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Winter Solstice

Why did people living in prehistoric times celebrate the winter solstice?  How did they even know what the winter solstice was?  And how is this related to the Christmas tree?  Let's first take a look at the Earth's seasons and how the seasonal changes affected the lives of our early ancestors.

The term 'solstice'  is derived from two Latin words:  'sol' meaning sun, and 'sistere', meaning to cause to stand still.   In ancient times, people watching the sky thought that, for a few days in the winter, and for a few days in the summer, the Sun appeared to be reaching a fixed position in the heavens as it rose in the sky.
 
To understand the difference between Winter and Summer Solstice, one needs to be familiar with the motion of the Earth, the tilt of the Earth's axis, and how its revolution around the Sun affects the number of hours of sunlight the Earth receives each day,
 
The Earth's axis is tilted by about 23.5 degrees.  As it travels in its orbit around the Sun, this tilt determines which areas of the planet receive the most Sun.  It's this tilt which causes our Earth to experience the different seasons.

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Earth's Seasons

During half of the year, the southern hemisphere is tilted more toward the sun than is the northern hemisphere. During the rest of the year, the other half is more exposed.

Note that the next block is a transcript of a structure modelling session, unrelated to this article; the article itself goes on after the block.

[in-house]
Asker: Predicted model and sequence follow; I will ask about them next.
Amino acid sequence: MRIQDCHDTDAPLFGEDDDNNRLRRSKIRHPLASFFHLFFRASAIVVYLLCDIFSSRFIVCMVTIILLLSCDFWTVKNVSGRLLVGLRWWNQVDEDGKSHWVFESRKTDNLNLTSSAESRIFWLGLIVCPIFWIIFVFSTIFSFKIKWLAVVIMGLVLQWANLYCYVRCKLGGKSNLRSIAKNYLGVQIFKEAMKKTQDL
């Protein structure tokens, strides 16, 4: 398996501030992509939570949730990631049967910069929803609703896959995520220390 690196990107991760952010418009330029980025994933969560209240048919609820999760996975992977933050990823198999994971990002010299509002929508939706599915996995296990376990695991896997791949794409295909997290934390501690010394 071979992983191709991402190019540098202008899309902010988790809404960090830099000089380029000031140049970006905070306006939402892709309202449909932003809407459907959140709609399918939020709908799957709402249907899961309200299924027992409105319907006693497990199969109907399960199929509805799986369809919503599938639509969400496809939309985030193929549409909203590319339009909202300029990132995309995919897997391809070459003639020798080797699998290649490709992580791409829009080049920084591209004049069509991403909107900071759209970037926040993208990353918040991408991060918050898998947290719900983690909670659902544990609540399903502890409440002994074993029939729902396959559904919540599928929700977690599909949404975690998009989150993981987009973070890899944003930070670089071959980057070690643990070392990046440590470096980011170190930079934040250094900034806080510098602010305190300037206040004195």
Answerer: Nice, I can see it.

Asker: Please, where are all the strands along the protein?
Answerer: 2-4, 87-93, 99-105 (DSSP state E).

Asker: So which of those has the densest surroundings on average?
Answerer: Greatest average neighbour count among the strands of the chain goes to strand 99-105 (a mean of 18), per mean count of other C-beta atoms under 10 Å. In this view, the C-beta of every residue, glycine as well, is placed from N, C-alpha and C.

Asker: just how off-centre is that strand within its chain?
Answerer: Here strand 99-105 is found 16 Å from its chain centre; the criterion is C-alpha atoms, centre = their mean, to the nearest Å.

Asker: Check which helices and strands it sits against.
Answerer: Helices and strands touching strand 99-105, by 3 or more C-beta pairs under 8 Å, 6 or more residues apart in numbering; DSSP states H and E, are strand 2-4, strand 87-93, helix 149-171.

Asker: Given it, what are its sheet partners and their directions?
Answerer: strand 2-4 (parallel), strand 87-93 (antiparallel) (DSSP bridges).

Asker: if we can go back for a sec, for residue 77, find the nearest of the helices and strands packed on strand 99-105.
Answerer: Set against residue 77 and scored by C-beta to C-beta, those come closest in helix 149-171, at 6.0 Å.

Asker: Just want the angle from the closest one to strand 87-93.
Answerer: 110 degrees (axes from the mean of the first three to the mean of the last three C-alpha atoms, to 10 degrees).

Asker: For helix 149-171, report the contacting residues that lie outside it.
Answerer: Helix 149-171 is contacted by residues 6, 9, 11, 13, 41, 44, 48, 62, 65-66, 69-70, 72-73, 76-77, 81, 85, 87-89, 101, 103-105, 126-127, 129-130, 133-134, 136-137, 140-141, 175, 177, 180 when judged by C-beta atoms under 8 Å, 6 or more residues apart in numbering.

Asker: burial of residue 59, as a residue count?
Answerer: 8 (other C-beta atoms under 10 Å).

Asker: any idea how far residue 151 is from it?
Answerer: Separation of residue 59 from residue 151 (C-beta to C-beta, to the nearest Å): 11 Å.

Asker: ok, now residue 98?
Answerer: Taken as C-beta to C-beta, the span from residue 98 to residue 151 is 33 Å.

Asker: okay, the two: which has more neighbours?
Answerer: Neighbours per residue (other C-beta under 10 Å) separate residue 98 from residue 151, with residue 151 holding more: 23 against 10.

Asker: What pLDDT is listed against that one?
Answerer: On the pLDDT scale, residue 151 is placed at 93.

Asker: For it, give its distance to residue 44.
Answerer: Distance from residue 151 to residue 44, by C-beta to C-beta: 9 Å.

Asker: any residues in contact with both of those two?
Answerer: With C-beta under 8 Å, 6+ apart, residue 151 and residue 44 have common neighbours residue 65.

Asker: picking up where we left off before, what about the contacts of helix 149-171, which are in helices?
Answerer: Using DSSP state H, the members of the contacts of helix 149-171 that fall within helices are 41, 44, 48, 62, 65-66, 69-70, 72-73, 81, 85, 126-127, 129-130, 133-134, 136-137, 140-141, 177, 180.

At noontime in the Northern Hemisphere the Sun appears high in the sky during summertime and low in the sky during winter. The time of the year when the sun reaches its maximum elevation occurs on the day with the greatest number of daylight hours. This is called the summer solstice, and is typically on June 21st in the Northern Hemisphere -- the first day of summer.  The lowest elevation occurs about December 21st and is the winter solstice -- the first day of winter, when the night time hours are maximum.

In ancient times, winter was a very difficult time for people living in the northern latitudes. The growing season had ended and, in order to survive, people had to live off of the food they could store, or whatever animals they could hunt.  They kept a close eye on the sky and were very much aware of how high the Sun rose each day. 

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Stonehenge

The observation of the seasons was very important to the ancients -- so important that they built great earthworks which acted as calendars.  Stonehenge is a perfect example of this -- particularly that portion of Stonehenge which represents the third phase of its 2000 year construction.  The Summer and winter solstices are clearly marked by the placement of the stones.

As the season approached the winter solstice, people often grew fearful of the increasing cold and long-lasting darkness.  They often wondered if the Sun was going to disappear completely.

But, a few days after the winter solstice people noticed that the days were beginning to once again lengthen.  This was cause for celebration as they knew that spring would be coming soon.  As it turns out, celebrations were often timed for what eventually became  December 25th on the Julian calendar, and then later, the Gregorian calendar. 

So, how does all of this relate to the Christmas Tree?  Yes, many of our ancestors celebrated Winter solstice on or about December 25th, but where does the tree fit in?  To see how the tradition of bringing a tree into the home first took root, let's take a look at the Yule Log.
 
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